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Cooking with Rebecca Bent

Tuesday, August 26, 2008

Light up Your Grill for Seafood

stuffed shrimpI enjoy my grill and especially like to fire it up for seafood. As a mom of three grilling dinner makes an evening much more pleasurable—less dishes to clean, the great flavor, less cooking time, it’s healthy, and it is a great American pastime. You get the picture. But there is one real hang up to this image of grilling bliss, and it’s that (GULP!) my kids aren’t big fans of grilled seafood...

Ok. So, that’s the truth. They just aren’t big fans, but as a person who has always loved seafood I was determined to turn this around. I wanted to for so many reasons:

1. Seafood is healthy
2. Seafood is an experience
3. I’m an owner of a seafood company.

Maybe number three was a little bit of my ego talking, but at the bottom of it all, I just wanted my kids, and for that matter the people around me, to appreciate and share in how delicious seafood in all its forms could really be.

Now to give you some background, my kids eat hard crabs, crab cakes, and crab meat. That was never an issue and probably because they’d been doing it since they were babies. But the rest, such as shrimp, lobster, and fish—well, that was a different story.

So after some thought, I decided that the best way to turn my kids onto grilled seafood was for the introductory dish to have two qualities: taste out of this world and be entertaining (like maybe they would be so enthralled they’d forget it was seafood?).

After some thought, I choose—grilled stuffed shrimp. Click here to buy stuffed shrimp!

Stuffed shrimp is exactly as it sounds: large butterflied shrimp stuffed with herbs, butter, and garlic between the shell and the flesh. The shrimp are then placed on a hot grill so they cook in their shells. The shrimp’s hard shell bears the brunt of the heat and burns slightly, but it doesn’t matter because it’s peeled away to reveal a tender and juicy shrimp! And that’s where the entertainment comes in. Peeling away the outer shells is lots of fun—like unwrapping a present. And even stuffing the shrimp before grilling I found was pretty engaging too.

So to make a very long story short—so you can get your shrimps on the grill—I finally got my kids eating (sampling might be a better word) grilled stuffed shrimp. Grilled fish is up next (and feel free to e-mail suggestions), but for now we are having lots of fun preparing the grilled stuffed shrimp with interesting and delicious stuffing combinations (see a list below.) And for the first time, we’re grilling and having seafood dinners together.

grilled shrimpGrilled Buttery Herb-Stuffed Shrimp
Makes 4 servings

This method of grilling shrimp–in their shells on high heat–works well: the shrimp cook fast and stay tender and juicy. Once you have mastered this technique, I suggest creating a variety of stuffings based on your favorite ingredients. This recipe is especially handy for casual gatherings where easy preparation is very important. At the table, make sure to include: napkins, as picking the shells off to get to the tender shrimp can get a little messy but oh so fun; and little bowls, for the discarded shells.

For the Stuffing:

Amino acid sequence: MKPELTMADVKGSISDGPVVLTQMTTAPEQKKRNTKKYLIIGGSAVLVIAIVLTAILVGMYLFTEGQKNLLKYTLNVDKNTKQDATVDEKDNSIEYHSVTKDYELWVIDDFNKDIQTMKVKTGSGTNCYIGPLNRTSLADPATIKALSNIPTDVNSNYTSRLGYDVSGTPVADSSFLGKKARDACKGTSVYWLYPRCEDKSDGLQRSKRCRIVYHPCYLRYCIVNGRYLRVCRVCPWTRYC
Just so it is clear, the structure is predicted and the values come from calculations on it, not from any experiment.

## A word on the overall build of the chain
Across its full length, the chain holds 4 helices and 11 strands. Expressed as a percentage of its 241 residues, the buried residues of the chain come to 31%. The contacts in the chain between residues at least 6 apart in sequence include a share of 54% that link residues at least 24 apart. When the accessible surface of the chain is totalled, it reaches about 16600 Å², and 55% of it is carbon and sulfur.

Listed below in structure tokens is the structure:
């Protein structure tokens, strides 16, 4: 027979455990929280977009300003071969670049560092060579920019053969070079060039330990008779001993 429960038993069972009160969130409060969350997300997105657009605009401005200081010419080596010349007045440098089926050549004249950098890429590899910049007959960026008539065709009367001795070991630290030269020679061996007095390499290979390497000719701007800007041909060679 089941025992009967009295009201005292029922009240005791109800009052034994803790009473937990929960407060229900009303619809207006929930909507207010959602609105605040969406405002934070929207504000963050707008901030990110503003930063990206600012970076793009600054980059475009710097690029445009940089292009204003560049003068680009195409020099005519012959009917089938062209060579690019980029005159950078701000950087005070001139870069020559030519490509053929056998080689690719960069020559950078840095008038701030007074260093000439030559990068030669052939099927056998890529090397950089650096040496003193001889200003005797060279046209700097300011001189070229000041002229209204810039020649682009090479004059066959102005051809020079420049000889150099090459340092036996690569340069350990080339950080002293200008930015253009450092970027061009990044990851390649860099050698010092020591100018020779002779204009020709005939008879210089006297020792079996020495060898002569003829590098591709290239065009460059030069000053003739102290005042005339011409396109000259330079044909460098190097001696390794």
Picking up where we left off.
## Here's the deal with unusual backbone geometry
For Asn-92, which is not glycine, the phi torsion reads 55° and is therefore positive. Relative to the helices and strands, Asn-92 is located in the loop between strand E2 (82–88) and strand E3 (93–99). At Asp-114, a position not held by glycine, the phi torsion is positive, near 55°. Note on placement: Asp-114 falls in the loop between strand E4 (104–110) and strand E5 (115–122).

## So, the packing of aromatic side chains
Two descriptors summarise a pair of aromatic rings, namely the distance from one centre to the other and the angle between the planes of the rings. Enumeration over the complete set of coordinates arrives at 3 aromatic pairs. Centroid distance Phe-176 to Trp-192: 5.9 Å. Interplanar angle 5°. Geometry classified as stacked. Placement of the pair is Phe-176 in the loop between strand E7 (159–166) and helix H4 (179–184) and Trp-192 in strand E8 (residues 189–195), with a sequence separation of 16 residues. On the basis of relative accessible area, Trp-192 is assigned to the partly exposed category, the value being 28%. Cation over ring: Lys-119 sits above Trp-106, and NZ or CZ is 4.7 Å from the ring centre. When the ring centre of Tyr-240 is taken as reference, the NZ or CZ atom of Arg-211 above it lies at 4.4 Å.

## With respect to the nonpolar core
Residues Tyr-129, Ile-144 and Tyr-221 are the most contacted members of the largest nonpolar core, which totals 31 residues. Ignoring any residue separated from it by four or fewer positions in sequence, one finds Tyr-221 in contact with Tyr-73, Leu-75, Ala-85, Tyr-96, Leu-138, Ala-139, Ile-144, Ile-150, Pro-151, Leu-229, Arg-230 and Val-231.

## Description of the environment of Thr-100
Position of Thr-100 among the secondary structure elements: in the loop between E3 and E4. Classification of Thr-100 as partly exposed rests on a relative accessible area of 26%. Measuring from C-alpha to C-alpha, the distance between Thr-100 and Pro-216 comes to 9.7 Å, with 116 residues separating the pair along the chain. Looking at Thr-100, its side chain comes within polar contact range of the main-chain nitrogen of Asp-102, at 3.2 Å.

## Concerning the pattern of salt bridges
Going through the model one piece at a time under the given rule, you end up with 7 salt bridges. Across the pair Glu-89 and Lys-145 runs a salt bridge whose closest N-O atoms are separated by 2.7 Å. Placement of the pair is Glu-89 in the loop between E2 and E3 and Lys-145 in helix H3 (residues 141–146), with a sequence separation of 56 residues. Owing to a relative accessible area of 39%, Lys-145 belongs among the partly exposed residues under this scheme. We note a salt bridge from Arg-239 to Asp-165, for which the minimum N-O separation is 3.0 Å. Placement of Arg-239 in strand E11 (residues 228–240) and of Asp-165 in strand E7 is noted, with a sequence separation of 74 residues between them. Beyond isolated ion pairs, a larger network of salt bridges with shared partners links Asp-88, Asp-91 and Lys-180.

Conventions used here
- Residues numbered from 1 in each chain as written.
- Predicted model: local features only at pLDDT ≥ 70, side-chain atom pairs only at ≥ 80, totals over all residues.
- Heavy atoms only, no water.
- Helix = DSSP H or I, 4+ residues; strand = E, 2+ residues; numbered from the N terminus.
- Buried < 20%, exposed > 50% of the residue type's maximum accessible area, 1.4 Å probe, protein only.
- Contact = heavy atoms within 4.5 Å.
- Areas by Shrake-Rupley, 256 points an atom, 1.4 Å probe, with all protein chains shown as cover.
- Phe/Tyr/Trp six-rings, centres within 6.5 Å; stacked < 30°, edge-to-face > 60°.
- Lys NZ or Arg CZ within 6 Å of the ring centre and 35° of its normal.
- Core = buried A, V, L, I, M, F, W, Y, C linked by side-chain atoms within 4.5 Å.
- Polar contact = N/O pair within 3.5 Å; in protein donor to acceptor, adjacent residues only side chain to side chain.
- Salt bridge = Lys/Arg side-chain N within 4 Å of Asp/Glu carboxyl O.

½ cup finely chopped fresh basil
½ cup finely chopped fresh flat-leaf parsley
1 medium clove garlic, finely minced
1 teaspoon kosher salt pinch freshly ground black pepper
2 tablespoons olive oil or softened unsalted butter

For the Shrimp:
1 pound large shrimp, or about 21 shrimp per pound, the larger the better, deveined (click here to buy fresh shrimp)
and butterflied, but shells on (see note on technique below)
1 lemon cut into wedges

Heat a well-seasoned grill to medium heat.

In a medium bowl combine the basil, parsley, garlic, salt, pepper, and olive oil (or butter). Mix until a herb paste is created.

Stuff the herb paste between the shrimp shells and meat. Grill the shrimp for about 2 minutes per side, or until the meat turns opaque. Serve immediately with lemon wedges.

How to Butterfly a Shrimp…while leaving the shells on
The best way to bufferfly a shrimp while leaving its shell on is to use a pair of kitchen scissors. Start at the top and cut down the back to the tail almost the whole way through, leaving enough flesh so the shrimp is still connected. It’s far easier to cut through the shell with scissors than slicing through it with a knife. However, if you plan to use a knife, make sure it is sharp. Take care, as the shell can be slippery causing the knife to slide.

Some other stuffing ideas:
Mojito Stuffed Shrimp: Mint, lime zest, olive/butter and a douse of Rum
Sicilian Stuffed Shrimp: Sun dried tomatoes, garlic, olive/butter, and a splash of Red Wine
Mexican Stuffed Shrimp: Cumin-or Mexican seasoning, finely Diced tomatoes, Cilantro, and olive/butter
Hawaiian Stuffed Shrimp: mashed pineapples, curry, cilantro, and olive/butter
Southern Stuffed Shrimp: southern bbq sauce, drop of Tabasco sauce, olive/butter

My next blog entry will be: Grilled Fish!seafood on grill


Blogger sam bell said...

hey rebecca
ur recipes r awsome! there so tasty, fresh and easy to make!
ur my fave chef!
i love ur cook book i cant wait to try sum of ur recipes!
and thank u so much for making sea food fun

love sammy.b

p.s i love watching ur videos on youtube and i love ur accent and when u say herbs lol

October 13, 2008 at 9:27 AM  

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